Plaintiffs' application was mostly supported by evidence challenging the reasonableness of the board's decision to replace the greenhouses, which was an improper inquiry. Accordingly, the court held that the plaintiffs failed to meet their burden of challenging the board's decision in accordance with the Business Judgment Rule.

Plaintiffs Mariaux and Larrabure sought summary judgment against the co-op on a separate cause of action seeking to have released monies held in escrow to pay for the terrace and greenhouse repairs for their units. The board approved an amendment requiring that the sellers of any units with terrace and/or greenhouses sold prior to the completion of the RRP place in escrow the estimated amount for the cost of the repairs.

In June 2000, Mariaux sold one of her apartments to Robert Paul for $585,000.00 and placed into escrow $112,204.51 of the sale to pay for the cost of the greenhouse repairs when completed. In August 2000, Larrabure sold her apartment to Vincent Lawrence and placed $39,601.59 into escrow for the same purpose. The plaintiff-seller(s), the buyer(s), the co-op, and the escrow agent signed both escrow agreements. The agreements provided that the escrow agent was authorized to release the funds to the co-op only to repay it for the cost of the work done on the greenhouse and/or terrace, that all accumulated interest on the account would be credited to the plaintiff-seller, any excess money left in the account would be returned to the plaintiff-seller, and any cost exceeding the escrow amount would be the responsibility of the buyer. Both escrow agreements also stated that they cannot be changed except in writing signed by all the parties.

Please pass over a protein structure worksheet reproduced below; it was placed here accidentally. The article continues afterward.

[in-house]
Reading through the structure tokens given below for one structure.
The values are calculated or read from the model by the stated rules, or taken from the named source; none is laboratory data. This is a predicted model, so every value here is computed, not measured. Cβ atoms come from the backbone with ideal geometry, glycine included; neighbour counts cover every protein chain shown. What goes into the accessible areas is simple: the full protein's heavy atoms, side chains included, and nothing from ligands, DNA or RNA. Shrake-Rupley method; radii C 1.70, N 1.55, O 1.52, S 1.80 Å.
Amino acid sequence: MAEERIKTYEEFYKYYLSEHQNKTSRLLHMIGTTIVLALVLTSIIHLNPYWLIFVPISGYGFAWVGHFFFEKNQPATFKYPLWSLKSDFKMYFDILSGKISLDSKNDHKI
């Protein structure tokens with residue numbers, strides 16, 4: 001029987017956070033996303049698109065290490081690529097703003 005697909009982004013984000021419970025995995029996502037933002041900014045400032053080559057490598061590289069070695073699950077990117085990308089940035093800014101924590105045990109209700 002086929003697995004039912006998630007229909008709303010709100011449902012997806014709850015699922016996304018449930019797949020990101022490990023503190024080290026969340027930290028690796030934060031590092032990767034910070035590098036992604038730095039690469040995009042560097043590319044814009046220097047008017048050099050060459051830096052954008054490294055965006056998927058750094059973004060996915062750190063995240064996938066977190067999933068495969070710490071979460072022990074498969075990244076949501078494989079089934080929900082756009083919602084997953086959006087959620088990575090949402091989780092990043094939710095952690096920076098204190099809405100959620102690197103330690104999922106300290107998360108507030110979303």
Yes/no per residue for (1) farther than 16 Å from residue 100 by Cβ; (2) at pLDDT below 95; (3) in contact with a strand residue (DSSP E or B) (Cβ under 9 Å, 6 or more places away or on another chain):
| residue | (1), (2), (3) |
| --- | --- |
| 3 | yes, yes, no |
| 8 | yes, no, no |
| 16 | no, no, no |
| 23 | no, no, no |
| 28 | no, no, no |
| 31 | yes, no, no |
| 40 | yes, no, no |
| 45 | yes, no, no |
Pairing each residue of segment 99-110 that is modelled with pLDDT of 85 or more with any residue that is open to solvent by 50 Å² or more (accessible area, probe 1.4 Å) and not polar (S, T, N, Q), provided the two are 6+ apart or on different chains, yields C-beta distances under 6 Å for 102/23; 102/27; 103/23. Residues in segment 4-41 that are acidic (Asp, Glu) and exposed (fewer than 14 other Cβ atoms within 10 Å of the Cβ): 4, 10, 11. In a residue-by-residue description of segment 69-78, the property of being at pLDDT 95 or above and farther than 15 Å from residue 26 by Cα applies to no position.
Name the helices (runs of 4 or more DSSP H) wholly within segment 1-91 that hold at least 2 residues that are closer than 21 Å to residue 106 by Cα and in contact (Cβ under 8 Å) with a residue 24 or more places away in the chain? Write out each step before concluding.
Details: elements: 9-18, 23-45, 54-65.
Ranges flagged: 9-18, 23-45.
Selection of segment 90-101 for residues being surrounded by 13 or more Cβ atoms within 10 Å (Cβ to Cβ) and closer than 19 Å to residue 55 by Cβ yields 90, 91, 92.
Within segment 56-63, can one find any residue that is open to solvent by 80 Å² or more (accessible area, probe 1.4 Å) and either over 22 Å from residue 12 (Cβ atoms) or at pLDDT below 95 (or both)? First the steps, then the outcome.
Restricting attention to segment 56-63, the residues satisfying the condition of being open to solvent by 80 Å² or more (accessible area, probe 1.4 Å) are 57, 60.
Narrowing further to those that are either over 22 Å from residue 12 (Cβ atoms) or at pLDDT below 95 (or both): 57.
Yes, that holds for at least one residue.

It was undisputed that there was no consent to alter the agreements' terms from all the parties. The court concluded that plaintiffs failed to show a sufficient legal basis to invalidate the contract or alter its terms, and certainly had not joined all the proper parties, including the purchasers, who would be affected by this determination. The escrow expressly provided that the buyer would not be liable to the co-op for monies charged against the unit for the RRP. Plaintiffs' allegation in this cause of action that the defendants' decision to charge the plaintiffs for the costs of the RRP constituted a breach of fiduciary duty. Entitling them to a return of the escrowed money was unsupported by factual contentions of how this duty was breached, the court concluded.